You confuse me by saying, “Hold your horses, cowboy!” when what you mean is, “Stop running.” Don’t tell me something is “a piece of cake” when there’s no dessert in sight and what you mean is, “This will be easy for you to do.” When you say, “It’s pouring cats and dogs,” I see pets coming out of a pitcher. Tell me, “It’s raining hard.”

Idioms, puns, nuances, inferences, metaphors, allusions, and sarcasm are lost on me.

5. Listen to all the ways I’m trying to communicate.

It’s hard for me to tell you what I need when I don’t have a way to describe my feelings. I may be hungry, frustrated, frightened, or confused but right now I can’t find those words. Be alert for body language, withdrawal, agitation or other signs that tell you something is wrong. They’re there.
Or, you may hear me compensate for not having all the words I need by sounding like a little professor or movie star, rattling off words or whole scripts well beyond my developmental age. I’ve memorized these messages from the world around me because I know I am expected to speak when spoken to. They may come from books, television, or the speech of other people. Grown-ups call it echolalia. I may not understand the context or the terminology I’m using. I just know that it gets me off the hook for coming up with a reply.

6. Picture this! I’m visually oriented.

Show me how to do something rather than just telling me. And be prepared to show me many times. Lots of patient practice helps me learn.

Visual supports help me move through my day. They relieve me of the stress of having to remember what comes next, make for smooth transition between activities, and help me manage my time and meet your expectations.

I need to see something to learn it, because spoken words are like steam to me; they evaporate in an instant, before I have a chance to make sense of them. I don’t have instant-processing skills. Instructions and information presented to me visually can stay in front of me for as long as I need, and will be just the same when I come back to them later. Without this, I live the constant frustration of knowing that I’m missing big blocks of information and expectations, and am helpless to do anything about it.

7. Focus and build on what I can do rather than what I can’t do.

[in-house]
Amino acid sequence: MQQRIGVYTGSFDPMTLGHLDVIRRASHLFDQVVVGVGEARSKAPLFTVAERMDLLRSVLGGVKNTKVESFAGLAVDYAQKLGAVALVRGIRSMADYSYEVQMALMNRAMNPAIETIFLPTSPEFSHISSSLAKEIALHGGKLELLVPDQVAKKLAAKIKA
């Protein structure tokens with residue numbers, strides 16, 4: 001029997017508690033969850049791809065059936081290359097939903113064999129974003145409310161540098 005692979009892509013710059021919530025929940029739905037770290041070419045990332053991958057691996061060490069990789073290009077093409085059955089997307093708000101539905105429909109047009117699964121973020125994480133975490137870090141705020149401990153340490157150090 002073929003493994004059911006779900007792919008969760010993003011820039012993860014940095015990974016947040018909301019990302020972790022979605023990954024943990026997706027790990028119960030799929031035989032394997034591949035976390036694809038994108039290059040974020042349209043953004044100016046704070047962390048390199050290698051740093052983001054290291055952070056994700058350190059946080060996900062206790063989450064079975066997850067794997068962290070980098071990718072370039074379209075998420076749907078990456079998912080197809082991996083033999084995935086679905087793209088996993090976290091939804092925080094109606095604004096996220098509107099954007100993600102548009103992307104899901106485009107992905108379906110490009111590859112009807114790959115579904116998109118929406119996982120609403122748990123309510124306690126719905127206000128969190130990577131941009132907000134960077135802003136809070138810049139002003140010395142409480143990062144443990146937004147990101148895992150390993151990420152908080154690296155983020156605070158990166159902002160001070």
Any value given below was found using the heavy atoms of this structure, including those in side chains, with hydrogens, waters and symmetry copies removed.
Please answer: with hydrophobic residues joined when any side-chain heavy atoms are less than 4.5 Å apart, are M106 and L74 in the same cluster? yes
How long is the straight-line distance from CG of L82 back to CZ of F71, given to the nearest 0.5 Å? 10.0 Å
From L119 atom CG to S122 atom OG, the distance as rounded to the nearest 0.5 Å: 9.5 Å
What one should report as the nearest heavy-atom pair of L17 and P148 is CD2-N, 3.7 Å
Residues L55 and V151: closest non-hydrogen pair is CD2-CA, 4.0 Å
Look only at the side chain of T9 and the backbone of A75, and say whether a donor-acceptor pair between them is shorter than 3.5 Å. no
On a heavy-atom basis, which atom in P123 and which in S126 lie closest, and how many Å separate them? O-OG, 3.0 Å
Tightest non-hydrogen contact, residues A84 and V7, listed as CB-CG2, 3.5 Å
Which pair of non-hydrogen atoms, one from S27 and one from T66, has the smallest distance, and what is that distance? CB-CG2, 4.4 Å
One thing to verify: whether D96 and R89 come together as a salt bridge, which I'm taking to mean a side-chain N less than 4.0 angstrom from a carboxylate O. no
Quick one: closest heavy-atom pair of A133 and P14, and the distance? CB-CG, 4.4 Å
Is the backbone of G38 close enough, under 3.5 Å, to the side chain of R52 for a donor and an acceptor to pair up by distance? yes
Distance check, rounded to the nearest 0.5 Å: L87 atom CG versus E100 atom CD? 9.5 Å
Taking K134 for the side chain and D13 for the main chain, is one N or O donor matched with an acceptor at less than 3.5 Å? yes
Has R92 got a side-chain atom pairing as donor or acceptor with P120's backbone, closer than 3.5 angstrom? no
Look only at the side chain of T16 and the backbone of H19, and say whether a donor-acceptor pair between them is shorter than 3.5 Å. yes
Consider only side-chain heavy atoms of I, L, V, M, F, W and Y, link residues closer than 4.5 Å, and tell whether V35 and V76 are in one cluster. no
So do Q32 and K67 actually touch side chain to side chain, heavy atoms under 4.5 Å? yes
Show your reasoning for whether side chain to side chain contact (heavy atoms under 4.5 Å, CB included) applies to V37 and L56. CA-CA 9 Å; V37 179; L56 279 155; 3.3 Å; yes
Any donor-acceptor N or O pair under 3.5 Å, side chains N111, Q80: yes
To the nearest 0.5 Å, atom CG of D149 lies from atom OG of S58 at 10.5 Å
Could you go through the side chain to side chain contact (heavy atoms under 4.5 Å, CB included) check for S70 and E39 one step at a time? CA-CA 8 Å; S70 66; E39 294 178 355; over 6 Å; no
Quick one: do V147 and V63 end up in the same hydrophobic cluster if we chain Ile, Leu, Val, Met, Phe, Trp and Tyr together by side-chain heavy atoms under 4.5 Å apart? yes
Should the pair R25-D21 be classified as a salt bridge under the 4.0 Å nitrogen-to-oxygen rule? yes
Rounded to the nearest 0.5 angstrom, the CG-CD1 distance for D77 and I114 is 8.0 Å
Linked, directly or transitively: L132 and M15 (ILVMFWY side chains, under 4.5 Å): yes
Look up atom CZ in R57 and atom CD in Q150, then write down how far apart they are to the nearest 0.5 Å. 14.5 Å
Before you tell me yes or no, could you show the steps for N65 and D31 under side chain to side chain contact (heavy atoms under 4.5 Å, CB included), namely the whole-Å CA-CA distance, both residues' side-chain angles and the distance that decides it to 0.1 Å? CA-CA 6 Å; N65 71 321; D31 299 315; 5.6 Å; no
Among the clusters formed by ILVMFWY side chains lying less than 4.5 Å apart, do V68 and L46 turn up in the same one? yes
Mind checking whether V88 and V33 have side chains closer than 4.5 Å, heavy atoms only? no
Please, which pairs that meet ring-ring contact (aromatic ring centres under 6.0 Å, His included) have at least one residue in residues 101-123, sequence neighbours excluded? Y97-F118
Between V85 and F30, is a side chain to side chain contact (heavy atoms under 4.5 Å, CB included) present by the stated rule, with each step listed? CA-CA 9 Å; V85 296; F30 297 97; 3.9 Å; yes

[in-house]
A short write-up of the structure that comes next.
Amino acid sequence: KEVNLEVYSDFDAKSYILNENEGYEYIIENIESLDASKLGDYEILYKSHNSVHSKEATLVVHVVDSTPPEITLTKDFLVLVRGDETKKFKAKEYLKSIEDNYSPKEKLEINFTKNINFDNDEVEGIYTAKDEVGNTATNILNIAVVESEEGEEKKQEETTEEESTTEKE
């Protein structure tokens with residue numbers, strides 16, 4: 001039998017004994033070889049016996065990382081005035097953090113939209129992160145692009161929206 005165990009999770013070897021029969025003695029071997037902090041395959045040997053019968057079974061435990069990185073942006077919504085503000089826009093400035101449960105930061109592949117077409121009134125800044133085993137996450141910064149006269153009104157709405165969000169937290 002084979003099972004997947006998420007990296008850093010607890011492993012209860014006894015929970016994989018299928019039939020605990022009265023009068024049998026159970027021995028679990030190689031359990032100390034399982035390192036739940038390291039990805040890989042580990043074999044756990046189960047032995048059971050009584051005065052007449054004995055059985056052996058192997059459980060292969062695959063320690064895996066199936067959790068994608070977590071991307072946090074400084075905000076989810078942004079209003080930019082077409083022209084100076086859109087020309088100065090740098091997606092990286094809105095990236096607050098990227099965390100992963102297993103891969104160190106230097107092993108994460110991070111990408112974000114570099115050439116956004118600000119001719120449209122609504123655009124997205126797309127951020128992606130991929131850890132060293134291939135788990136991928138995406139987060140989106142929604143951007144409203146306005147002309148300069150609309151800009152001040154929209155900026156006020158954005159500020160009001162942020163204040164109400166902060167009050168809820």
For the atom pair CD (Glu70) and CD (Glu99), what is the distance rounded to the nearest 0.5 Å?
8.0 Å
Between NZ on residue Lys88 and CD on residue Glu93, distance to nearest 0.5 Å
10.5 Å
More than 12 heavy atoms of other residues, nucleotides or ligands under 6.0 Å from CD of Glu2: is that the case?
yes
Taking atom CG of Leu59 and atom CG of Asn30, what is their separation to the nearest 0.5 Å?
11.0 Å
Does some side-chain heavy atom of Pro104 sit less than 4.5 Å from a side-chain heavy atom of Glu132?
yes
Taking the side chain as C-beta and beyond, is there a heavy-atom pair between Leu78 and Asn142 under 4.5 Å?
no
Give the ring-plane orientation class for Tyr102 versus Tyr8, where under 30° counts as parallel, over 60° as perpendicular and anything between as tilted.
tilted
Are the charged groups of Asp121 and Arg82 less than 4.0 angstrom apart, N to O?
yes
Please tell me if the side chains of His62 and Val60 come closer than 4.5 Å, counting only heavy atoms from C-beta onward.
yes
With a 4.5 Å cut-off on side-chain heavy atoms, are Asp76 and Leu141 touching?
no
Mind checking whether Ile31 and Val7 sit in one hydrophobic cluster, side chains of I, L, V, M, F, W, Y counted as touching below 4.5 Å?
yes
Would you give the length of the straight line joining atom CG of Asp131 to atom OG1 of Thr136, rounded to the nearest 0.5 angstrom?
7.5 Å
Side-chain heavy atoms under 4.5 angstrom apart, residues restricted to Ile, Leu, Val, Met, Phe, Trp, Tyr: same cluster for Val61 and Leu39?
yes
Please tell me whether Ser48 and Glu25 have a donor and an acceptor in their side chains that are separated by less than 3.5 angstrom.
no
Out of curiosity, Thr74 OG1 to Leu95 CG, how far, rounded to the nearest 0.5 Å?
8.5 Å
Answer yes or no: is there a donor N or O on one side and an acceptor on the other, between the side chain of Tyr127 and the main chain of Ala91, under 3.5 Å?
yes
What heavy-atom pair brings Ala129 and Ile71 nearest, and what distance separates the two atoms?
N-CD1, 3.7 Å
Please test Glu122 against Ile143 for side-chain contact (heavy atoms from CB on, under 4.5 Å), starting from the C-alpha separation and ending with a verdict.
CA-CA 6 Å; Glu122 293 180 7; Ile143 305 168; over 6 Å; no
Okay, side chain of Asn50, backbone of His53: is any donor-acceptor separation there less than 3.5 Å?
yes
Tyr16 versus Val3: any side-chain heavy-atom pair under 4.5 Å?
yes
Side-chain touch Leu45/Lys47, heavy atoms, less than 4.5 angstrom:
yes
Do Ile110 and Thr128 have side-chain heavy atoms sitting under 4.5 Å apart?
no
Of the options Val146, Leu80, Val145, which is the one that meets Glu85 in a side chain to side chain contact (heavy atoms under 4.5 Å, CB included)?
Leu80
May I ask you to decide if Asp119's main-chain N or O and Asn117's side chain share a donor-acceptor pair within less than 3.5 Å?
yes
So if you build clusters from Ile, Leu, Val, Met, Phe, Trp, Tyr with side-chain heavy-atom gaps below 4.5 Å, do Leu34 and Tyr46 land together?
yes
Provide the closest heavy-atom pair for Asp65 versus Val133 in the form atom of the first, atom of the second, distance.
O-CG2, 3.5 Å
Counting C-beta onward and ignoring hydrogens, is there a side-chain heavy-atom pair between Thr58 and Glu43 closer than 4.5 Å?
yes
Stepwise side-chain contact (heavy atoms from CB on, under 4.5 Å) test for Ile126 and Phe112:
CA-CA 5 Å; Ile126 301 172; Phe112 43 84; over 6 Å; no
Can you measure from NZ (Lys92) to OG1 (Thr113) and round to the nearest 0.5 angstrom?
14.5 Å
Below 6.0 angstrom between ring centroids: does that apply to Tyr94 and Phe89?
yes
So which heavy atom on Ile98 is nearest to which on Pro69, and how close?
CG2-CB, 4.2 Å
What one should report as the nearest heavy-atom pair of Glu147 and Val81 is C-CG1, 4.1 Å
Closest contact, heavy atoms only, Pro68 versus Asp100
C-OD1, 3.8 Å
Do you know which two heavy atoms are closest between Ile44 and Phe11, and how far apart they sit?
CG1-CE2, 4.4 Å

Like any person, I can’t learn in an environment where I’m constantly made to feel that I’m not good enough and that I need fixing. I avoid trying anything new when I’m sure all I’ll get is criticism, no matter how “constructive” you think you’re being. Look for my strengths and you will find them. There is more than one right way to do most things.

8. Help me with social interactions.

It may look like I don’t want to play with the other kids on the playground, but it may be that I simply do not know how to start a conversation or join their play. Teach me how to play with others. Encourage other children to invite me to play along. I might be delighted to be included.
I do best in structured play activities that have a clear beginning and end. I don’t know how to read facial expressions, body language, or the emotions of others. Coach me. If I laugh when Emily falls off the slide, it’s not that I think it’s funny. It’s that I don’t know what to say. Talk to me about Emily’s feelings and teach me to ask, “Are you okay?”

9. Identify what triggers my meltdowns.

Meltdowns and blow-ups are more horrid for me than they are for you. They occur because one or more of my senses has gone into overload, or because I’ve been pushed past the limit of my social abilities. If you can figure out why my meltdowns occur, they can be prevented. Keep a log noting times, settings, people, and activities. A pattern may emerge.

Remember that everything I do is a form of communication. It tells you, when my words cannot, how I’m reacting to what is happening around me. My behavior may have a physical cause. Food allergies and sensitivities sleep problems and gastrointestinal problems can all affect my behavior. Look for signs, because I may not be able to tell you about these things.

10. Love me unconditionally.

Throw away thoughts like, “If you would just—” and “Why can’t you—?” You didn’t fulfill every expectation your parents had for you and you wouldn’t like being constantly reminded of it. I didn’t choose to have autism. Remember that it’s happening to me, not you. Without your support, my chances of growing up to be successful and independent are slim. With your support and guidance, the possibilities are broader than you might think.

Three words we both need to live by: Patience. Patience. Patience.

View my autism as a different ability rather than a disability. Look past what you may see as limitations and see my strengths. I may not be good at eye contact or conversation, but have you noticed that I don’t lie, cheat at games, or pass judgment on other people?

I rely on you. All that I might become won’t happen without you as my foundation. Be my advocate, be my guide, love me for who I am, and we’ll see how far I can go.

© 2012 Ellen Notbohm
Contact the author for permission to reproduce in any way, including posting on the Internet.

Award-winning author and mother of sons with ADHD and autism, Ellen Notbohm’s books and articles have informed and delighted millions in more than nineteen languages. Her work has won a Silver Medal in the Independent Publishers Book Awards, a ForeWord Book of Year Honorable Mention and two finalist designations, a Mom’s Choice Gold Award, Learning magazine's Teacher's Choice Award, two iParenting Media awards, and an Eric Hoffer Book Award finalist designation. She is a contributor to numerous publications, classrooms, conferences and websites worldwide. 

(Credits: Ellen Notbohm. Thank you, Madame. ♥)

Thursday, March 21, 2013


Summary of today's adventure: